The Pennsylvania State System of Higher Education (PASSHE) is considering merging and/or closing some of its campuses this year. The system’s chancellor spoke openly of this to local media. This is beyond the queen sacrifice model, although perhaps they’ll fall back on that.
My readers will be familiar with the powerful drivers forcing this decision: “declining enrollment and financial challenges”. Recall that Pennsylvania, like the rest of the northeast, is producing fewer young people, and isn’t supporting public higher education at the levels it once did.
Virtually all universities in the system have seen enrollment declines, said Ken Marshall, a spokesman for the state system. Following demographic trends, the system’s overall enrollment has declined 12 percent in the last six years.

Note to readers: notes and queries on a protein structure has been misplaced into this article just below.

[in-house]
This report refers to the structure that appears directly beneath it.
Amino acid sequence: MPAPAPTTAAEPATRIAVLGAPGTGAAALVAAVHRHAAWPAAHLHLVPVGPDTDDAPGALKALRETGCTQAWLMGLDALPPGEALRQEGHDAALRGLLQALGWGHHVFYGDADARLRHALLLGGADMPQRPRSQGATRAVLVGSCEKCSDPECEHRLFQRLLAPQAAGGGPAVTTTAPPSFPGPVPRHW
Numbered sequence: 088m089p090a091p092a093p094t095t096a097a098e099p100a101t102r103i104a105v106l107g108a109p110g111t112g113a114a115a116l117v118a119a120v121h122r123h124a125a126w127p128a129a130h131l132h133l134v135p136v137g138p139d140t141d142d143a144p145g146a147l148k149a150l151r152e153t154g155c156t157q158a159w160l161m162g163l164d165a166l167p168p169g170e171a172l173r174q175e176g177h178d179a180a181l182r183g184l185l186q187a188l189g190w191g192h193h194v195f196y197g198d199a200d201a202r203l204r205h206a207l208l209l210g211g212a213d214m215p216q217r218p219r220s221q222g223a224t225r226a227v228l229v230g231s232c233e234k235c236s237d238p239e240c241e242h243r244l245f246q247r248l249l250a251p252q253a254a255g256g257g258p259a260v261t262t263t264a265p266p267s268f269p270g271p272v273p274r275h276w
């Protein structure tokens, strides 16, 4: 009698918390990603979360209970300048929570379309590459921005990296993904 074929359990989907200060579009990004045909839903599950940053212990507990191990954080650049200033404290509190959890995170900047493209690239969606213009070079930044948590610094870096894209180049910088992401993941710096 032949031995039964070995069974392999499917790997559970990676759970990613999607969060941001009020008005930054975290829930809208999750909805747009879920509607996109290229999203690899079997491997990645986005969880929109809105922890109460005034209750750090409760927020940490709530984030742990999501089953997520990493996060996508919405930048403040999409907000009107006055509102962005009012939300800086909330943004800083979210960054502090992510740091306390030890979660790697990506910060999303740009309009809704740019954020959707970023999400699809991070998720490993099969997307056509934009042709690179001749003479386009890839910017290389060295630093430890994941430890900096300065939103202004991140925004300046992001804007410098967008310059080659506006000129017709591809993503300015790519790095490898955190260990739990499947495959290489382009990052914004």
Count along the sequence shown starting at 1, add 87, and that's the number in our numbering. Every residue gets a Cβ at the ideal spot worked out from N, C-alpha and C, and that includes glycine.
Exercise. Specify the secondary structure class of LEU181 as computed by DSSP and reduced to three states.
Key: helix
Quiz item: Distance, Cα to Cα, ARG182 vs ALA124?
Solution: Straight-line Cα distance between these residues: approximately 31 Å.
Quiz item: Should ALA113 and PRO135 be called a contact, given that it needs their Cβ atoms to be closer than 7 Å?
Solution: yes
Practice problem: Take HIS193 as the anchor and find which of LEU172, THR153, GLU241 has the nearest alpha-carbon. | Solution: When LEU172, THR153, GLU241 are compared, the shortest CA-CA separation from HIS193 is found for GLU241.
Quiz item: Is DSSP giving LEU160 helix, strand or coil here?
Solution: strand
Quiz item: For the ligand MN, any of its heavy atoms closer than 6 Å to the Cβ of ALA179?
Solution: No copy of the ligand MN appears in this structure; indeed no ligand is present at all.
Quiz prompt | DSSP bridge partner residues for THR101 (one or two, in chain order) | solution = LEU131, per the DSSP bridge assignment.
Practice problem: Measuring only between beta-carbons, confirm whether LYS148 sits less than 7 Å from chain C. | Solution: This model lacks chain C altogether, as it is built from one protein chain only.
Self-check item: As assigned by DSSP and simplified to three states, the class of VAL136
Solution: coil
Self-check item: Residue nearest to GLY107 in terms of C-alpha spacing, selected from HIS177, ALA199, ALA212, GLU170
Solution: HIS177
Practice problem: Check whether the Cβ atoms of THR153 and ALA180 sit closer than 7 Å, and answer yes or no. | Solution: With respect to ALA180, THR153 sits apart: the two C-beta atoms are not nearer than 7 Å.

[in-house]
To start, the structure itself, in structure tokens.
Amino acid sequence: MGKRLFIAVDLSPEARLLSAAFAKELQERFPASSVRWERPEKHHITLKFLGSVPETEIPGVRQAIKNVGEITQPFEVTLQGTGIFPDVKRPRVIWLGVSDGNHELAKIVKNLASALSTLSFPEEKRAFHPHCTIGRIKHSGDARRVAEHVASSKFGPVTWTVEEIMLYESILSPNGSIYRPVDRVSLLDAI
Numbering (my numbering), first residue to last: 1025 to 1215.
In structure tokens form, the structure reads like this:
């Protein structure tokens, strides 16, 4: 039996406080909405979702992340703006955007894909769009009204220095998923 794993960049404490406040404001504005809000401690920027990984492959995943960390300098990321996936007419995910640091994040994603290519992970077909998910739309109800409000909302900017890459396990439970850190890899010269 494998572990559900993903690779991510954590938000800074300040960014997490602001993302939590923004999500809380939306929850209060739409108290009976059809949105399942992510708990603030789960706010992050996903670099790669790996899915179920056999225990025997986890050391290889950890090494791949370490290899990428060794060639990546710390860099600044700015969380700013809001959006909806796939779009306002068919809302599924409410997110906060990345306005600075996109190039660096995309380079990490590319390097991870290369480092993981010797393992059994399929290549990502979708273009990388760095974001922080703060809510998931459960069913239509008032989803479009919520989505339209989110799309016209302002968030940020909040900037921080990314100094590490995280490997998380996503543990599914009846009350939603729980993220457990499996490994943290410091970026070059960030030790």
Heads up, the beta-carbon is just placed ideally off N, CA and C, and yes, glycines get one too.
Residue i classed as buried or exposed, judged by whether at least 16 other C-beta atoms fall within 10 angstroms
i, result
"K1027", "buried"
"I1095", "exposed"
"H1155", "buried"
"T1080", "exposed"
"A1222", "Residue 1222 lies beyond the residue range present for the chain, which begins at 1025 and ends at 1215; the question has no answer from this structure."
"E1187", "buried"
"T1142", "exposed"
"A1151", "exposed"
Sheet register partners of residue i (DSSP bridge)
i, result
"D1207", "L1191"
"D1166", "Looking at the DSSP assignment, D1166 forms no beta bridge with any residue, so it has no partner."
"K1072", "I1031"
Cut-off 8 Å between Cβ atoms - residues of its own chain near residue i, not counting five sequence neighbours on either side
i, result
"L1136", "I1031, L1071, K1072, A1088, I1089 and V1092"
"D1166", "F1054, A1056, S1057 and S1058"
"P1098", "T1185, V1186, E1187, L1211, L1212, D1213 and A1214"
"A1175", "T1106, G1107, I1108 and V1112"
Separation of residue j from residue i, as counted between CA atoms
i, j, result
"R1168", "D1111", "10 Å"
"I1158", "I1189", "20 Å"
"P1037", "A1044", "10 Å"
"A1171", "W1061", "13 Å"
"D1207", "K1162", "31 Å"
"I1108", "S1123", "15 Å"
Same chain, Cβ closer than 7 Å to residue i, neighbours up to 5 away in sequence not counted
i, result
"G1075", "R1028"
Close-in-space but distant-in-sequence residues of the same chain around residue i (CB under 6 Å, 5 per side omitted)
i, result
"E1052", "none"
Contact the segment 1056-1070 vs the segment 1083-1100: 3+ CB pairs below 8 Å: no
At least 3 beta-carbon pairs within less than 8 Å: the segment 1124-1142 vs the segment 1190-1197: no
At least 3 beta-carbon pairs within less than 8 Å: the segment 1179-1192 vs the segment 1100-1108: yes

As another local source put it, “[i]n 2010, there were nearly 120,000 students enrolled in PASSHE schools. Now, there are 105,000.”
This isn’t the case of a couple of outlying institutions suffering unique problems. “Describing the system’s current operations as ‘unsustainable,’ Brogan made clear that he believes major changes are necessary.”
American higher education: how much will it contract?
(thanks to Stephen Landry and Brenda Landis)